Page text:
The failures from an event act as teachable moments, and we try to look at them as an opportunity to correct those mistakes. Focusing more on the business strategy- such as a cost-benefit analysis, pricing, etc. are to-dos for the next event. But the thing about Ashoka is, there is something happening here every day –which means we can just KEEP trying!
How does Jugnu manage financially? What were the financial hurdles you had to come across to get to where you are today?
When Jugnu started out, we had put in a little of our own money (from our fail maggi cooking days, OGs will remember). However, with respect to our line of products, it was more of an investment of time and effort rather than money. We spent days and nights working on our first product, the Letter Lights. With such a huge, rather unexpected demand, it took us by shock. However, as time passed, we learnt to manage time and finances fairly well. Once we got back the money we invested, it gave us the confidence to invest it and more of own money into Jugnu, without much hesitation. At the end of the day, it was a learning experience for both of us.
Initially, as the Letter Lights orders poured in, we were not exactly ‘professional’ about it. We maintained records but hardly updated the excel sheets, which really kicked us at a later stage. We got so carried away with orders and physically making the letter lights, that the management part of the business got a little messy. “EXCEL SHEETS FOR THE WIN GUYS!”. We also learnt the importance of payment. With products that involve such a high level of skill and manual labor, we realized some sort of advance payment system was necessary. The absence of such a system at the beginning of the business made the process a little more challenging.
Competition is always growing. How does Jugnu manage to stay #1 on campus? Do you guys take your competition into consideration while marketing for Jugnu?
We believe that our first product, the Letter Lights, is quite unique. Since we customize it according to our customers’ needs, it feels more personal and it works! But with the other products we make, yes, definitely! We see competition every day, which motivates us to add our own touch to it.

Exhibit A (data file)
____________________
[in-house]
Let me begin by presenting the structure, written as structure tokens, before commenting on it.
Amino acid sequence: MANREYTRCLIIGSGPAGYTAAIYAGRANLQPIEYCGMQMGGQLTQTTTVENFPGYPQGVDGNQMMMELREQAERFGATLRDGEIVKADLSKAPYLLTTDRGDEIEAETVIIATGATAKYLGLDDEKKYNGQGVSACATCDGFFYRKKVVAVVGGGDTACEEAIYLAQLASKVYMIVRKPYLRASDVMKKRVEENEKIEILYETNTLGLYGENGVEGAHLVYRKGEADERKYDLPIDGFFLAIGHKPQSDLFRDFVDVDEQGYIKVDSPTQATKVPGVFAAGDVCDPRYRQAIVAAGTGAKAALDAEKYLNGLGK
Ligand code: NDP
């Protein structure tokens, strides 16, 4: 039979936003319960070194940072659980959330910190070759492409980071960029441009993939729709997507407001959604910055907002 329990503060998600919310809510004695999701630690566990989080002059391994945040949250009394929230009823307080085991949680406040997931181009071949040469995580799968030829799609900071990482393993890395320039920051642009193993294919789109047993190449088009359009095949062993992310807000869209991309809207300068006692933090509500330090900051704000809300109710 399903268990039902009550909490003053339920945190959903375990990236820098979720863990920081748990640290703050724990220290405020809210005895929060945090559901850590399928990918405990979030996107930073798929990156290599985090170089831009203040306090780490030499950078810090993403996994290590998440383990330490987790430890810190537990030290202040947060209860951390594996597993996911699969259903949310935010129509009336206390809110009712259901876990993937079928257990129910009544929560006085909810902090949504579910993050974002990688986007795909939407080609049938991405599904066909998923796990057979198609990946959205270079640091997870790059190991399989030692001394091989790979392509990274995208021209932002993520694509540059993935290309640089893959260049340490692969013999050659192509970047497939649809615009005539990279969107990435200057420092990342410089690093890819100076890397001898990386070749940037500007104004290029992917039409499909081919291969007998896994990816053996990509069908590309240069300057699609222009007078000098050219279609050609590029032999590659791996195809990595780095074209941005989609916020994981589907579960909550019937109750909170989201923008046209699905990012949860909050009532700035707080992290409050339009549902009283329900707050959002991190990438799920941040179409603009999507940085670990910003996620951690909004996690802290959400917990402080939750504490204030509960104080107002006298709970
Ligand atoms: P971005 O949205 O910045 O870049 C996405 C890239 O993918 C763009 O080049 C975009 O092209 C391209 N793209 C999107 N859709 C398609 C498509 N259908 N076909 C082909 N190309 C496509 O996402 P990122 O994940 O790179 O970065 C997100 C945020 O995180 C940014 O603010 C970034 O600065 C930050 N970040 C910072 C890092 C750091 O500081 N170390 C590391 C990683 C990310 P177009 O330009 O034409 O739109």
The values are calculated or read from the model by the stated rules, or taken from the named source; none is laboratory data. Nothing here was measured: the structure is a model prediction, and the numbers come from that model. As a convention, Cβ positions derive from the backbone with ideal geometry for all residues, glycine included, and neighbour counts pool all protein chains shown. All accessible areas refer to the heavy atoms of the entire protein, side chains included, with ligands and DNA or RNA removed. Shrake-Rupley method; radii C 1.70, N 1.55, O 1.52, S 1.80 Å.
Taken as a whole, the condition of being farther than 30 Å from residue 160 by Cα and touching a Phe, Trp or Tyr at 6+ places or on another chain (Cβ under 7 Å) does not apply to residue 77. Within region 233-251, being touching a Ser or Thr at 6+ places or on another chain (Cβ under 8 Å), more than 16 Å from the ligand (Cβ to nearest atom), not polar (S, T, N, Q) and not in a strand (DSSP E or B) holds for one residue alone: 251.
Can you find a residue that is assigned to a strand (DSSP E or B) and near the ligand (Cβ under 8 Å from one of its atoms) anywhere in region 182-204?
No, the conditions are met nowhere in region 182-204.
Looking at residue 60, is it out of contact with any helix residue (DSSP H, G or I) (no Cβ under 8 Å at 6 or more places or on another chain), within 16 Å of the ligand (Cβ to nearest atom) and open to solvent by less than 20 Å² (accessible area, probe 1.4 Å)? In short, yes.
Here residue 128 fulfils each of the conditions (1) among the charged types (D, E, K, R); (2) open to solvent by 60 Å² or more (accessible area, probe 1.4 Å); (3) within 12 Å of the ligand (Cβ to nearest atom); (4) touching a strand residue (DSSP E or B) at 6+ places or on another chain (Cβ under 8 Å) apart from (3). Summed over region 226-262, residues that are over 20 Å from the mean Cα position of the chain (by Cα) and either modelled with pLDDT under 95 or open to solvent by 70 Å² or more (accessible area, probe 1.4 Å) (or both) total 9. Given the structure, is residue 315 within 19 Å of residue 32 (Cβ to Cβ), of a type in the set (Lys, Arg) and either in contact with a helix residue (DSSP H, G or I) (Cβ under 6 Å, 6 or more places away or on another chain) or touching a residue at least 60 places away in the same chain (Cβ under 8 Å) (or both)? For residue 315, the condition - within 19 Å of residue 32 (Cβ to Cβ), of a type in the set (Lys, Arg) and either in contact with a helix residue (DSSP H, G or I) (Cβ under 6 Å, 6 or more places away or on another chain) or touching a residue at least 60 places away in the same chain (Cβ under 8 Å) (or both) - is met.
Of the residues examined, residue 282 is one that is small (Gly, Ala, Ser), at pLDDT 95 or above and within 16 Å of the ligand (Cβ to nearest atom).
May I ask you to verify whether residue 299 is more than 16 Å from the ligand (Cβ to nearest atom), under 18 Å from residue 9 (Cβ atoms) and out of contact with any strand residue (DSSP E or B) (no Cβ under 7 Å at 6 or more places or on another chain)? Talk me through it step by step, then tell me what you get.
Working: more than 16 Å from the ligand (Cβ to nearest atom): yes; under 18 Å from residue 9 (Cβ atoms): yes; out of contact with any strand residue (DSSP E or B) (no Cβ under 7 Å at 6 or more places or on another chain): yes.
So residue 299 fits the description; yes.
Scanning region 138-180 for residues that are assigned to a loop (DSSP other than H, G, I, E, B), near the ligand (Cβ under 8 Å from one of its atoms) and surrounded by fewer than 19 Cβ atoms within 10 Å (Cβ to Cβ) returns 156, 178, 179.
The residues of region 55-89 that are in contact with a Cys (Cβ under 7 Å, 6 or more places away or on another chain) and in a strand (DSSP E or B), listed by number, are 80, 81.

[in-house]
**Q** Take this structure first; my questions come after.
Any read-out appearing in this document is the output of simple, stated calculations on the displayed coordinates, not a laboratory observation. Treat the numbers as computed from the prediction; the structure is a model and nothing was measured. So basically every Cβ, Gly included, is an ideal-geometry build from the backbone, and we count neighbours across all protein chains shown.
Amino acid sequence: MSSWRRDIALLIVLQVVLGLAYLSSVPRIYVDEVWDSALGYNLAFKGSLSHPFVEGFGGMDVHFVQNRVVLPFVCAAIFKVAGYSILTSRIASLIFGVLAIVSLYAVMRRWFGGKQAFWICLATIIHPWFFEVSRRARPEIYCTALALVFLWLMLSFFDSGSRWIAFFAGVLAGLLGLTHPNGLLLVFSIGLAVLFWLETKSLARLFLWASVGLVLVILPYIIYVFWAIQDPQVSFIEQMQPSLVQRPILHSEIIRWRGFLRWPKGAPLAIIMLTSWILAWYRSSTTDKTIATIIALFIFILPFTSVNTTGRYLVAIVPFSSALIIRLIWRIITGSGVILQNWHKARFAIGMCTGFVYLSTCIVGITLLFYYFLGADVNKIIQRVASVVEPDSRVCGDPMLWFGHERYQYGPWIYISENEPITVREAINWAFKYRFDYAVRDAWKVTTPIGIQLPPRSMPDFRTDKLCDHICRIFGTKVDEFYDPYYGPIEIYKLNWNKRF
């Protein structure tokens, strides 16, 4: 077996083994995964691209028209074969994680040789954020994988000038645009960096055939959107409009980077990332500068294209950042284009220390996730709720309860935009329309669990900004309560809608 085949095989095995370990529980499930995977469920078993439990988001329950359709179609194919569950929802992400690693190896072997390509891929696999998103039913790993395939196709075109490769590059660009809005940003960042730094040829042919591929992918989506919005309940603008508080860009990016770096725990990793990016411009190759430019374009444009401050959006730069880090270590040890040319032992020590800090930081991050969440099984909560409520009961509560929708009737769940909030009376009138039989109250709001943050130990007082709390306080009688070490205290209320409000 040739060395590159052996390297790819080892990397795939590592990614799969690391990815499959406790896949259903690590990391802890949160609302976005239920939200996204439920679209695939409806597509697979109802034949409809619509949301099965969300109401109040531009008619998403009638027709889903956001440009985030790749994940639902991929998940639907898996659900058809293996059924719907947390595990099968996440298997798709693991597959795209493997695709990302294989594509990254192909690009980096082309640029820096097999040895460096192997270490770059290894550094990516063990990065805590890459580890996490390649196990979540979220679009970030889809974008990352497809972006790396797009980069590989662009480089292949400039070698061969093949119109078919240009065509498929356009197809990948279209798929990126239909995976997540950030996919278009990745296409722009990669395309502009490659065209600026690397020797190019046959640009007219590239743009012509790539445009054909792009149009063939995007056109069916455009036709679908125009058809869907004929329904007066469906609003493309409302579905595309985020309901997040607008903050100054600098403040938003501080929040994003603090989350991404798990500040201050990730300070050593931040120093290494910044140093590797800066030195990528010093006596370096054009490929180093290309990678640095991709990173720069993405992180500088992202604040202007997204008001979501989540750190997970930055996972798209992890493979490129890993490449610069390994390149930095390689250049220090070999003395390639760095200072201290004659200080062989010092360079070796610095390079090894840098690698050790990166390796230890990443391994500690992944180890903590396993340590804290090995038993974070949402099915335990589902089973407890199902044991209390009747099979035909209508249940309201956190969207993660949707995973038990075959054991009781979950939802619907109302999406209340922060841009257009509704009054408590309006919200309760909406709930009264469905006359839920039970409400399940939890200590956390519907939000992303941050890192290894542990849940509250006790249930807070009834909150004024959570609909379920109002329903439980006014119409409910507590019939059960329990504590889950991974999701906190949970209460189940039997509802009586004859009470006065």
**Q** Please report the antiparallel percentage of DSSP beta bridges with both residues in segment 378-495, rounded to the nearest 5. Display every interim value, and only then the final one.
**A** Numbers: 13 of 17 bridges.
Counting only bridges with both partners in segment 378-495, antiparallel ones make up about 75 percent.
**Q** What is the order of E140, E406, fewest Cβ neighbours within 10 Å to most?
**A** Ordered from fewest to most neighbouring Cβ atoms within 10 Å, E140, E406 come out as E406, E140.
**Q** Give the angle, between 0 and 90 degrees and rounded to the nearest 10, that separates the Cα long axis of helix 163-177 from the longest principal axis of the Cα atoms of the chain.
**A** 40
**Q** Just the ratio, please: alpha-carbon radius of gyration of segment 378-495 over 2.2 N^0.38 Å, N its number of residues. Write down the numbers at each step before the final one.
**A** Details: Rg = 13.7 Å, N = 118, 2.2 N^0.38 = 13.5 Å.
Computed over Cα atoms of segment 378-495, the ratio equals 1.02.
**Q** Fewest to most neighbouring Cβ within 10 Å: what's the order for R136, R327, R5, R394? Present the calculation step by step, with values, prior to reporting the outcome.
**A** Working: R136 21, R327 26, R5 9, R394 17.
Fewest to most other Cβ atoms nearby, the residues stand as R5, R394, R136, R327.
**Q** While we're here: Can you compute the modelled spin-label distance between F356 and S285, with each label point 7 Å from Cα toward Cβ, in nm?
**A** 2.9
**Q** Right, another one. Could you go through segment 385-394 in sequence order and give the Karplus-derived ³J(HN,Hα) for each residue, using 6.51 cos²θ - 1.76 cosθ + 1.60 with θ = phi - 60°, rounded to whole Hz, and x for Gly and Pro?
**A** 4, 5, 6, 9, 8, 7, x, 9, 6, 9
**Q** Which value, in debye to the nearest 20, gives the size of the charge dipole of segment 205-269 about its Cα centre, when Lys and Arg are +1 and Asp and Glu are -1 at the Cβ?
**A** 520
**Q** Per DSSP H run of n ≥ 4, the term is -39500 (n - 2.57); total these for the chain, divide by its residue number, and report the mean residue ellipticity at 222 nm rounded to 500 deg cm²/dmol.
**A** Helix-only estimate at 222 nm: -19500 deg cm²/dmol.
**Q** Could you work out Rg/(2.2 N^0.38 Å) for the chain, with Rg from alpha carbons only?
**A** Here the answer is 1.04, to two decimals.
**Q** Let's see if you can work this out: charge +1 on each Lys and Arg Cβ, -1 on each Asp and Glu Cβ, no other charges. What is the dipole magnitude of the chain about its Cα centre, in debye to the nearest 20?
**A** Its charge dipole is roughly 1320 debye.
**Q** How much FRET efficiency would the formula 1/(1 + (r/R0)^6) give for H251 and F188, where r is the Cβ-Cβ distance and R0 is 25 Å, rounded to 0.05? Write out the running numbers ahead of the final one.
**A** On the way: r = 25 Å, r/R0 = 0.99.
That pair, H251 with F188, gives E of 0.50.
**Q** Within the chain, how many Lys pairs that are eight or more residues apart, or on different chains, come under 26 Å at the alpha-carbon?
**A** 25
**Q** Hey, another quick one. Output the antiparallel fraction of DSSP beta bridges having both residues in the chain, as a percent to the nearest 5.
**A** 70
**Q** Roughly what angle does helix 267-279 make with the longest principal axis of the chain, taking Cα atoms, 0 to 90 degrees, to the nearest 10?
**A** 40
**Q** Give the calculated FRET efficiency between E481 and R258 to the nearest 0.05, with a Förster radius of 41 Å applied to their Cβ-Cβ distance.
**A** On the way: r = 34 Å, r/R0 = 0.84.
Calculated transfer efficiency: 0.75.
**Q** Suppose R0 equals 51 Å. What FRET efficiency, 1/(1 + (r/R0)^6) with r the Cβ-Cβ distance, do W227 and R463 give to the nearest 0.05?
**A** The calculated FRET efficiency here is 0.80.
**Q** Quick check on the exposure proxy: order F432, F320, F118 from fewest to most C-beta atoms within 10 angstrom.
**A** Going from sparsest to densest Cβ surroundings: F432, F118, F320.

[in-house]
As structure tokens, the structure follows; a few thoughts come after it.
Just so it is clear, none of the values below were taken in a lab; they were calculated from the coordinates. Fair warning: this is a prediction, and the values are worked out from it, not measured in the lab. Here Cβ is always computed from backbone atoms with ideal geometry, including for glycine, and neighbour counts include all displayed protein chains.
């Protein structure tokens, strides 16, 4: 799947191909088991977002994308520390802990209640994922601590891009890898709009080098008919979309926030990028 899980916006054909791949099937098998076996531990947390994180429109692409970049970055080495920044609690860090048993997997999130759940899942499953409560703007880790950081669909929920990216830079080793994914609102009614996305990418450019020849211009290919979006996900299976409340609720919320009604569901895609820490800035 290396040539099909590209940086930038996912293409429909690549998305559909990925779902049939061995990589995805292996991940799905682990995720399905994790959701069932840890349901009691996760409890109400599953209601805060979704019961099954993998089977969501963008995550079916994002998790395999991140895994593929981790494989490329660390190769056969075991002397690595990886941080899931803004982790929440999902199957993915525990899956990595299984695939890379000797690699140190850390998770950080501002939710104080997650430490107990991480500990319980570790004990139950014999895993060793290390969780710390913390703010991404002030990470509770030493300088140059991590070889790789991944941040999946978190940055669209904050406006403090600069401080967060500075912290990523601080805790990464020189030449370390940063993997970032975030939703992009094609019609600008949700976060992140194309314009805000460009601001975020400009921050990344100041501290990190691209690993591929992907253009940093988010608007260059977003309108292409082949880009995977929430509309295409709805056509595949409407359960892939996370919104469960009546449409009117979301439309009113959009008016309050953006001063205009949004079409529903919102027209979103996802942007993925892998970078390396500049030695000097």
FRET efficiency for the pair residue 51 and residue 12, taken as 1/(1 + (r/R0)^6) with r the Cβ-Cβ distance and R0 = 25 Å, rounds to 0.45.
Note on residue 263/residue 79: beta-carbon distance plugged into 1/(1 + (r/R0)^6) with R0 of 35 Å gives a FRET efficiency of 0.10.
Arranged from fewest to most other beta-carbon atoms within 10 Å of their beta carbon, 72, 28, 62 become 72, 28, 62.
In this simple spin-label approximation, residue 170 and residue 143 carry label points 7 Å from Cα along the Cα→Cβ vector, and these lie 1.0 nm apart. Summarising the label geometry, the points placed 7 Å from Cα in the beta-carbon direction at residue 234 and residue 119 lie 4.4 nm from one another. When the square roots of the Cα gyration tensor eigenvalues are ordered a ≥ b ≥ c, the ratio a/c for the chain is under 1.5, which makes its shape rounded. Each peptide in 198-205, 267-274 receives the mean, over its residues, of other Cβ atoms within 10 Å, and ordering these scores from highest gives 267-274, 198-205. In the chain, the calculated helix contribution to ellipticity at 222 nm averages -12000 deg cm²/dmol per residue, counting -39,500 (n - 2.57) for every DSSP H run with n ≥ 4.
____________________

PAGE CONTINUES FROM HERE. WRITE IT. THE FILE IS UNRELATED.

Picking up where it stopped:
In terms of marketing within Ashoka, we just try to be what we want to be. We try to keep it simple, and we think that works best for us. We stand for happiness and positivity, and we just try to put it out there in the best way we can. Since we are looking to expand and make Jugnu exist outside Ashoka — we are taking a more serious look at marketing outside the campus. Hopefully, everything will go as planned!
What does the Entrepreneurship Network in Ashoka mean to you? We learnt that both of you had business ventures prior to Jugnu. How did Jugnu start, in itself?
Shivani: Center for Entrepreneurship (CfE) is where my tryst with Entrepreneurship started. I find them very motivational; they inspire you every day. It is easily one of my favorite places on campus, without a doubt. It is very conducive to good vibes! I would recommend the CfE to every aspiring entrepreneur!
Even though our prior stalls barely made any profits, we found each other’s ideas very inspiring. We learnt from our failures and created something new. See, that’s the thing with Ashoka — there is always hope for success. Even though we failed multiple times, we never really looked at these stalls as failures. To be very honest, it never dragged us down. It only pushed us to strive for success at something we both believed in. It does not make sense to lose hope and stop after a failure. Yes, something did not work out, but that is exactly the reason why we wanted to get back at it again. Ultimately, what is there to lose?
What are the future plans for Jugnu? Do you think Ashoka is the best place for the inception of Jugnu?
We want Jugnu to mean something as a message, and we are trying to do this through our products, which, unlike us, won’t graduate (laughs). We have a strong message that we want to deliver, and Jugnu is just the face of that. With respect to future plans, we are thinking of holding workshops. We had one during the O-week and it brought smiles to our faces!
Honestly, we do not think any other place would have given us the kind of opportunities, mentorship, and such a warm audience. Ashoka has been a real package-deal for us! If Jugnu had started elsewhere, we do not know if we would have had the environment to get back up after having failed. Ashoka is such a lively campus, with something happening every day. It gives us a reason to go back into the game!
With respect to expansion, Dabbawalas is now two years old, and they have recruited and added new members to their team. Does Jugnu have similar plans? Apart from that, does Jugnu wish to go for outside Ashoka fests as well?
In the past year, as Jugnu, we have not had the need to recruit external members. However, we have thought about it. Our product is very different from the Dabbawalas. We deal in hand-made products and they deal in food. Hence, the recruiting process in itself would be very time-consuming.
We do wish to explore other colleges as well. A lot of discussion goes into a decision like this: product establishment, quality control, and marketing, among many others. Hopefully, we run as per plan and execute this soon.
This interview has been edited for clarity.
Shivani Bajaj and Kamala Rao, both from the Undergraduate Batch of 2019, are the co-founders of Jugnu
Ashokan Entrepreneurs is an initiative to put under the spotlight budding entrepreneurs among the existing students and alumni of Ashoka University.